By PAULETTE SCHUERCH
As Typhoon Merbok bore down on Northwest Alaska, we in the Northwest Arctic Borough braced for impact as the storm made a beeline for us. Tensions were high, but everyone pulled together to work together, communicate, and ensure that all in the community were safe. This is how it is in rural Alaska – we come together for the greater good. “Taikuulapiaq,” to those who called and checked on us, who offered help, and especially to those who roamed around our communities to ensure everyone’s safety. We offer our prayers for those who were hit hard.
For the last two years, we have been pretty much locked up due to COVID mandates. Some people lost jobs (including me) due to the pandemic, though I was lucky to have had a couple of opportunities during the midst of it all. In the end, when you walked outside to feel and smell the fresh air, we had hoped the worst of it was over.
But little did we know about what was lurking around the corner.
A shipping bottleneck, runaway inflation, recession, higher gas prices, higher stove oil costs, increased utility costs, less food on the shelves, and increased food costs. The list continues to grow.
Where do these problems all start? Who makes these decisions? The discussion over who is responsible must focus on Washington DC, where they make the decisions that affect everyone in the nation. And maybe those decisions affect us even more here in Alaska.
If you look online or see stories from the Lower 48, they’re talking about gas prices remaining above $4 per gallon in a lot of states, or even $5 in some places.
If only that were true here in Alaska! How about us in rural Alaska? Some of our communities are paying $10 to $17 per gallon, plus local city tax. We are in the midst of fall hunting, which is meant to shore us up and prepare for the long, cold winter. Because of fuel prices, families will be making tough decisions in the coming weeks – how to keep a roof over their heads, how to cover utilities, how to heat the home, and cook the food, among many other concerns.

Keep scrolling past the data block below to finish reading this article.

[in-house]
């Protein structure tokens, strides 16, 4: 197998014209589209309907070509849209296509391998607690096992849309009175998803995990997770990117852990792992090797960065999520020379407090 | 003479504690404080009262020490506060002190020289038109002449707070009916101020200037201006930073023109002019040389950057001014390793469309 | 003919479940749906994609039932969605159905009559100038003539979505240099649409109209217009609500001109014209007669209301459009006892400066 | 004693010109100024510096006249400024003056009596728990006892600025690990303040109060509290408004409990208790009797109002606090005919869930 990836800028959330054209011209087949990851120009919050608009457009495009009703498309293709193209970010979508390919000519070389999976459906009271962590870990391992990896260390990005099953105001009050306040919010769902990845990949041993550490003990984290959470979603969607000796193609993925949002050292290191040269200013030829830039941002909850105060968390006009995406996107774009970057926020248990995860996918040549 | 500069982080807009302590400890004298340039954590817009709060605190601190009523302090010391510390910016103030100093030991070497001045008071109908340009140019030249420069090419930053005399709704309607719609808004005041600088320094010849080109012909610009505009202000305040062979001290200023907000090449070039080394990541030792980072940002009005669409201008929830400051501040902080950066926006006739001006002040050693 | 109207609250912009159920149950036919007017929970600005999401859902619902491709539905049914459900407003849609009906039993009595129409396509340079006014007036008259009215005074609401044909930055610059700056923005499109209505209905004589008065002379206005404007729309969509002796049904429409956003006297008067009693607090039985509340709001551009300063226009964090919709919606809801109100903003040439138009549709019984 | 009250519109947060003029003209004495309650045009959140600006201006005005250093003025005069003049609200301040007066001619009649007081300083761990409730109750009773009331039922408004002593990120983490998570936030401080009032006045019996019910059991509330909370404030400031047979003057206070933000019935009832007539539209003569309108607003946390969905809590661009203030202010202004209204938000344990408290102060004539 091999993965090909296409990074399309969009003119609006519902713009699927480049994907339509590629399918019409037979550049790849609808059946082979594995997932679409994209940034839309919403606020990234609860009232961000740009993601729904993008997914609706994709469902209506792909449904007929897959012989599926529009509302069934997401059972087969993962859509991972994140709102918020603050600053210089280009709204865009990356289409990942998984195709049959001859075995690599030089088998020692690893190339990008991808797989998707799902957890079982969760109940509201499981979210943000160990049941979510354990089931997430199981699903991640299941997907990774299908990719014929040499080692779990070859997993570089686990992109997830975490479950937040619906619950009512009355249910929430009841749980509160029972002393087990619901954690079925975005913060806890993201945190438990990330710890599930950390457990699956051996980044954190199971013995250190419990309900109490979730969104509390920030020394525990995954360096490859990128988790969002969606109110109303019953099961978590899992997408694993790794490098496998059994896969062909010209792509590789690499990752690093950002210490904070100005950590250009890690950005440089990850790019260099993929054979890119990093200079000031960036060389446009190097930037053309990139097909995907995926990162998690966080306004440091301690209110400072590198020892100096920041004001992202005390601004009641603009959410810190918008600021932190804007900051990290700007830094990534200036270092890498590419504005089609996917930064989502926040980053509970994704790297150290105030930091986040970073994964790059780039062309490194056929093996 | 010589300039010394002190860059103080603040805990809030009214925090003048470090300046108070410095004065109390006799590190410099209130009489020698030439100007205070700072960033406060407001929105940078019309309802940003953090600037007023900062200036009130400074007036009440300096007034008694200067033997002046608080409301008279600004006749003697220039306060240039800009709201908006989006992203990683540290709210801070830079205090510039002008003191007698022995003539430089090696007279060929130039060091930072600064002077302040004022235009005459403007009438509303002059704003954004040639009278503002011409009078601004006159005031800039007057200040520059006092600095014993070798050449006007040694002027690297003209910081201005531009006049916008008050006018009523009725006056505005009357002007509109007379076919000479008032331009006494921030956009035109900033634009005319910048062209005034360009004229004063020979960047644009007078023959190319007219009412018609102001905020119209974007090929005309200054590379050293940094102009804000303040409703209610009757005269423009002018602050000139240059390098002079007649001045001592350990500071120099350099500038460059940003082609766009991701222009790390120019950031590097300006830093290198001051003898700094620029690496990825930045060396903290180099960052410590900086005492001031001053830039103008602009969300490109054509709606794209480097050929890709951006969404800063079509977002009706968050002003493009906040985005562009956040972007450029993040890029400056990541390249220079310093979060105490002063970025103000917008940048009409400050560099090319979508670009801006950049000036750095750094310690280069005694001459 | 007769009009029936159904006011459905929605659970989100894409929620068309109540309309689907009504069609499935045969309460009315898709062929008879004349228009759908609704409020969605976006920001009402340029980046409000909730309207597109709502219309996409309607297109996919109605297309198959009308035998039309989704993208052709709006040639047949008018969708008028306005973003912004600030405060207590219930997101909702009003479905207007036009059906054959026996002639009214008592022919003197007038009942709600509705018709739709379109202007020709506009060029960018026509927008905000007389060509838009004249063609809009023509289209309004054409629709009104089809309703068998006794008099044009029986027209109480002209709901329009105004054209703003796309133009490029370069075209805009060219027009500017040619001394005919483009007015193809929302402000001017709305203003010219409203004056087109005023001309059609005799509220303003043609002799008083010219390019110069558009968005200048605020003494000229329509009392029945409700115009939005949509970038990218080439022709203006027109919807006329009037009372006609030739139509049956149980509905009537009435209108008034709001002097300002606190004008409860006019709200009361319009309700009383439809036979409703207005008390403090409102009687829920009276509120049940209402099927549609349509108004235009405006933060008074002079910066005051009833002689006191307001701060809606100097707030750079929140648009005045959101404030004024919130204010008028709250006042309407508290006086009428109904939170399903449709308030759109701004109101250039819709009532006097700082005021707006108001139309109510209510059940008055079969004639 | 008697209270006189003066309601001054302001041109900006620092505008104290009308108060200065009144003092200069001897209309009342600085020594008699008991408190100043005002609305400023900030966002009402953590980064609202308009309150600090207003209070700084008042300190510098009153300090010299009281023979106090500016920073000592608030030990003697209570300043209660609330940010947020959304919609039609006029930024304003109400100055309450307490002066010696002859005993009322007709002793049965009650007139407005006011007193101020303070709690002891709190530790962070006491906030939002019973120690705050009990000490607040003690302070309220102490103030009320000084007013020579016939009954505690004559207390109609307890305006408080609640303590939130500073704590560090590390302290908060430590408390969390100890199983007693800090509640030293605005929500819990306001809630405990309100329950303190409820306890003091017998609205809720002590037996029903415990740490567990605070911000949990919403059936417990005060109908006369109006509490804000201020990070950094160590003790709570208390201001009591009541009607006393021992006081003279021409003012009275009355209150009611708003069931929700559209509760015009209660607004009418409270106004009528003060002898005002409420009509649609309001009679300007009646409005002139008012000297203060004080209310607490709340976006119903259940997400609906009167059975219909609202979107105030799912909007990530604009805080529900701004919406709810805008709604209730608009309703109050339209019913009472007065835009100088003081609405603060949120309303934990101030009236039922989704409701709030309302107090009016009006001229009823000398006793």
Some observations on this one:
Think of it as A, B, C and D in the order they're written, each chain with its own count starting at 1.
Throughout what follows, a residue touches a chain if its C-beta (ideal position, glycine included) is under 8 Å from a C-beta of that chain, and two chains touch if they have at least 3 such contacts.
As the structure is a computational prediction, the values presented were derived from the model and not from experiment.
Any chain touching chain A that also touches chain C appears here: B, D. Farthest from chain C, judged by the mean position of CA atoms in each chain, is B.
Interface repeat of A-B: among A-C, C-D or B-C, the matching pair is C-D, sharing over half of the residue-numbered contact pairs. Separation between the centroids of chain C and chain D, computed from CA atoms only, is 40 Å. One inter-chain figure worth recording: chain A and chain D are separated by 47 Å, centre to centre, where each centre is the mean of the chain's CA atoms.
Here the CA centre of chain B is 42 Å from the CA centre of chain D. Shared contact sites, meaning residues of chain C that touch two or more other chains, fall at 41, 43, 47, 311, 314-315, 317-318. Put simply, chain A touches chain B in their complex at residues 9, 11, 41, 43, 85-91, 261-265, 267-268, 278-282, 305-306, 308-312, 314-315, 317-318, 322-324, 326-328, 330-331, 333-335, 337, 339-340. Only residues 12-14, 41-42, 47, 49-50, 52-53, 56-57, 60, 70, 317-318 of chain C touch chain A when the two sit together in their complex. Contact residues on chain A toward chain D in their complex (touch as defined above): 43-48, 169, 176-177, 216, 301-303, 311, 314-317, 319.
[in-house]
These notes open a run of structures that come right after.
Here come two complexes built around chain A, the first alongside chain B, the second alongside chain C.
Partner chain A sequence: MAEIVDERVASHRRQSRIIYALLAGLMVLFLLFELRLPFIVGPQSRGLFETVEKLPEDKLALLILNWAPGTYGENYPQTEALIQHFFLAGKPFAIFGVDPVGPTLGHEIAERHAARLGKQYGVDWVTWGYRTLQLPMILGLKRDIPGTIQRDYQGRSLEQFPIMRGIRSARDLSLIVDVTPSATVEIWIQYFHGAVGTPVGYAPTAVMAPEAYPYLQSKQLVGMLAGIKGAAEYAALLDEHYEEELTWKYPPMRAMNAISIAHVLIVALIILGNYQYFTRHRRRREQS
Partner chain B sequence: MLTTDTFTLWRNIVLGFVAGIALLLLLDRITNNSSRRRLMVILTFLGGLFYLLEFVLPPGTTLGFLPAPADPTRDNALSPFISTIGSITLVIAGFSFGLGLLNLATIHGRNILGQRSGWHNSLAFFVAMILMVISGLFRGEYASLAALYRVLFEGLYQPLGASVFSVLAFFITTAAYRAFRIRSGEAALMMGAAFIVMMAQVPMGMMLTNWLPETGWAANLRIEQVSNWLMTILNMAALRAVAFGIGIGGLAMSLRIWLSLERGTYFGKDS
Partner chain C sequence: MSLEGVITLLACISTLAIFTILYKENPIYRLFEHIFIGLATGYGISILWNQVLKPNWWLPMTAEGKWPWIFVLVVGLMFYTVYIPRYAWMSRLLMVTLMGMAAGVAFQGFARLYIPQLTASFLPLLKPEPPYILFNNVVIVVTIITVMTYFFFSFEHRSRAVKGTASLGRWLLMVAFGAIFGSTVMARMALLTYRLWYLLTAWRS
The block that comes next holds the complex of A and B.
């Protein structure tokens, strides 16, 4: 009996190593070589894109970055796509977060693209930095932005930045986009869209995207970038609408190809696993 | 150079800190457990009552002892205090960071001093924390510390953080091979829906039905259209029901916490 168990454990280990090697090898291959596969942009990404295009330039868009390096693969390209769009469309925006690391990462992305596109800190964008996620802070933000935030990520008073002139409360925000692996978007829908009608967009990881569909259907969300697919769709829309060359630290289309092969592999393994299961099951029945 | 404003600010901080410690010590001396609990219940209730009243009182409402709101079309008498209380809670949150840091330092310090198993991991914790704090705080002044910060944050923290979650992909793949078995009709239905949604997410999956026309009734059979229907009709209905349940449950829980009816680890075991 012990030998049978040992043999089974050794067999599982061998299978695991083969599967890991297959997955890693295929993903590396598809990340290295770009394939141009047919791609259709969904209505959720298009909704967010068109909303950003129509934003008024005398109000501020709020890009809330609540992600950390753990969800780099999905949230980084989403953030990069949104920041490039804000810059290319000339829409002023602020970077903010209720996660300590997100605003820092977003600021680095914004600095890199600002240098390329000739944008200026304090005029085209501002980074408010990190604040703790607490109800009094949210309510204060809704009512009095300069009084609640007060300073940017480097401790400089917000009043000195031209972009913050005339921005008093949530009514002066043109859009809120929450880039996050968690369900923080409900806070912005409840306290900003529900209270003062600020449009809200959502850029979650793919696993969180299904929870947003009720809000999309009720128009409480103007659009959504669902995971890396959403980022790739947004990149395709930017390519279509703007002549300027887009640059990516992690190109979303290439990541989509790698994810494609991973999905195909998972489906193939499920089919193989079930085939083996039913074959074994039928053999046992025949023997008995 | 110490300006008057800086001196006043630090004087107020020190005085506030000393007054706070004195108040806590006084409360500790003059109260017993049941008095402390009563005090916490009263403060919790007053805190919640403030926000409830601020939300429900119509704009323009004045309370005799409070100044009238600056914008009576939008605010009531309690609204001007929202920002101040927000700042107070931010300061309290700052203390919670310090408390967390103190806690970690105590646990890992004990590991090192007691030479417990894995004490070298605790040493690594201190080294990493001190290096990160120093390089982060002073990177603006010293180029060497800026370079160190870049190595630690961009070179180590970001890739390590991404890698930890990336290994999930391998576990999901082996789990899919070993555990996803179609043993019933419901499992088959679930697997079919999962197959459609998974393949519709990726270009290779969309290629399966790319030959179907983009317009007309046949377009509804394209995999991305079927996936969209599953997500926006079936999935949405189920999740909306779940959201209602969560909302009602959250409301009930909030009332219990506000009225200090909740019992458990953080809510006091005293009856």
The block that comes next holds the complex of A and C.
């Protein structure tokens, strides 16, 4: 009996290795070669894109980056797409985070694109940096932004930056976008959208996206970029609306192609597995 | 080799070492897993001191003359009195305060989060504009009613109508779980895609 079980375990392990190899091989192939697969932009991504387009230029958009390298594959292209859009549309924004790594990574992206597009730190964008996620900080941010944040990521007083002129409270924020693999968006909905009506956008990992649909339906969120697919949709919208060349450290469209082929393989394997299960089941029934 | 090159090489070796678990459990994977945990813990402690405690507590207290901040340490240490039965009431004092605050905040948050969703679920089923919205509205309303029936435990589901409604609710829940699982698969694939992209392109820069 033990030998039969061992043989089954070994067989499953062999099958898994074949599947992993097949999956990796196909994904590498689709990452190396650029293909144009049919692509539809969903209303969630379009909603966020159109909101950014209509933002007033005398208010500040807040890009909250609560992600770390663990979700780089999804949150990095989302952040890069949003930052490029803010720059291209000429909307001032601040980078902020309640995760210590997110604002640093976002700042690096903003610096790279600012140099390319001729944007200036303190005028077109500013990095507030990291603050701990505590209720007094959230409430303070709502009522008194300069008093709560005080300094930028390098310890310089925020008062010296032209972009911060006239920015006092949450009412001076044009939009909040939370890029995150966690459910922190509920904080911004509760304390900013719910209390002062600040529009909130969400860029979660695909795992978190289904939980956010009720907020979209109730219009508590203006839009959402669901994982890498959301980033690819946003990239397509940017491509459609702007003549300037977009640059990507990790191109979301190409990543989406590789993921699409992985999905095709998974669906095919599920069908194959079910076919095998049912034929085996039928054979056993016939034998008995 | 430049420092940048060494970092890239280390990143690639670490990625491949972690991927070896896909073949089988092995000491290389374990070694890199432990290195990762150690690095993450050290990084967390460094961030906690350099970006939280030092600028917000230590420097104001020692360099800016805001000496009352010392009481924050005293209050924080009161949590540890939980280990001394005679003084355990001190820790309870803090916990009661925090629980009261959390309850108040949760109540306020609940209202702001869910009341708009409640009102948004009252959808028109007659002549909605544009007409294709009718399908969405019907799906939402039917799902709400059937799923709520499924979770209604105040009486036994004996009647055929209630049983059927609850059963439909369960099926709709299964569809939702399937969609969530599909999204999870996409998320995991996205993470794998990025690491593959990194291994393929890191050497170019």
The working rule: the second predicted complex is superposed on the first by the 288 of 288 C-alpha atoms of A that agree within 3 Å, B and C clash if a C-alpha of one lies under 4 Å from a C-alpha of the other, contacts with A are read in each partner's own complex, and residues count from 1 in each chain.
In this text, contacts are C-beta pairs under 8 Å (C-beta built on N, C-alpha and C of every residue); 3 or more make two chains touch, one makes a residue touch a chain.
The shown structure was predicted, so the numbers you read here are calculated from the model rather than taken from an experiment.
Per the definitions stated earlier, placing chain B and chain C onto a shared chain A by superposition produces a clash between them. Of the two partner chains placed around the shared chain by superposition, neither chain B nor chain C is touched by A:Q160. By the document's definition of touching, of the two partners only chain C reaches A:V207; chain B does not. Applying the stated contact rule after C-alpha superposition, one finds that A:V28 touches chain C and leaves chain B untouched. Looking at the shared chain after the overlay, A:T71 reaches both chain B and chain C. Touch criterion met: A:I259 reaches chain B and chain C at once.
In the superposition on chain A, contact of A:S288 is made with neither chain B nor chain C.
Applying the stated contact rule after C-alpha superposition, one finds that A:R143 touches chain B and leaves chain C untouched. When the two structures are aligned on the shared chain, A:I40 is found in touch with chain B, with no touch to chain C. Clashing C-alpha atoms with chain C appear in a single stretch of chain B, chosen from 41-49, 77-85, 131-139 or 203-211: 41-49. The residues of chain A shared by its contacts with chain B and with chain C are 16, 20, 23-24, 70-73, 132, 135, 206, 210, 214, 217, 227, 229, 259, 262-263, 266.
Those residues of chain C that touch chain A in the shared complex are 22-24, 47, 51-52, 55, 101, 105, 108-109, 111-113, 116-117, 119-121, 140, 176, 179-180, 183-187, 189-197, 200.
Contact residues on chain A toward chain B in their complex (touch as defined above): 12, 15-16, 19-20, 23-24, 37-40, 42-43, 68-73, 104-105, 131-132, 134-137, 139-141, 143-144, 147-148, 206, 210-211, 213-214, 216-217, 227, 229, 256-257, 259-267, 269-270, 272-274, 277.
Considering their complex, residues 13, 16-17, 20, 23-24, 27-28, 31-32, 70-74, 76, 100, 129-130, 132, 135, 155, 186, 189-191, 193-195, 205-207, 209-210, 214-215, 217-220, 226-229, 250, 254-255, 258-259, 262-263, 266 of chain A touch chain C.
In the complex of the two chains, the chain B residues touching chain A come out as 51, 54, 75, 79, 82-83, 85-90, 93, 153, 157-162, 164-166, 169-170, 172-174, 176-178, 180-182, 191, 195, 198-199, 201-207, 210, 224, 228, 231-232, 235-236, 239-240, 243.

We live here because these are our homelands, as they have been for thousands and thousands of years. And when we have needed things over time, we have adapted and changed. Our great-grandparents moved with the migration of our game and food opportunities, and we have since created these communities, our homes, our churches, and our schools.
And so when we need change now, we must adapt again. And this time we can do it at the ballot box.
I am Inupiaq and I vote!
Because there are important decisions being made in Washington, D.C., I am actually frightened about what this winter will bring us besides cold blizzards and higher living costs. And I don’t believe that our senior senator is looking out for us.
The decisions that Sen. Murkowski has made and the votes she has taken have hurt rural Alaska, crippling our economy by helping President Biden shut down our industries.
I once supported Lisa Murkowski, and in fact, helped in rural Alaska with her famous write-in campaign in 2010. But I cannot support her any longer, because I don’t believe she supports us. And we know that Murkowski brags about her seniority in the Senate, but I can’t see where that has gotten us anything.
That’s why I am enthusiastically supporting Kelly Tshibaka for US Senate. She has consistently traveled through rural Alaska, meeting with our people and hearing their concerns – even spending the night sleeping on the floor of a local school gym.
So, when you slide behind that voting curtain, please join me in listing Kelly Tshibaka as your first choice on the ranked ballot.
It’s time for a change. And electing a new senator is how we adapt.
Paulette Schuerchwas born in Kotzebue and raised by her grandparents in Noorvik. She has fought for rural Alaska on the political stage, working for campaigns such as Governor Knowles, Governor Palin, Governor Walker, and Senator Murkowski’s 2010 write-in bid. She now supports Kelly Tshibaka for U.S. Senate.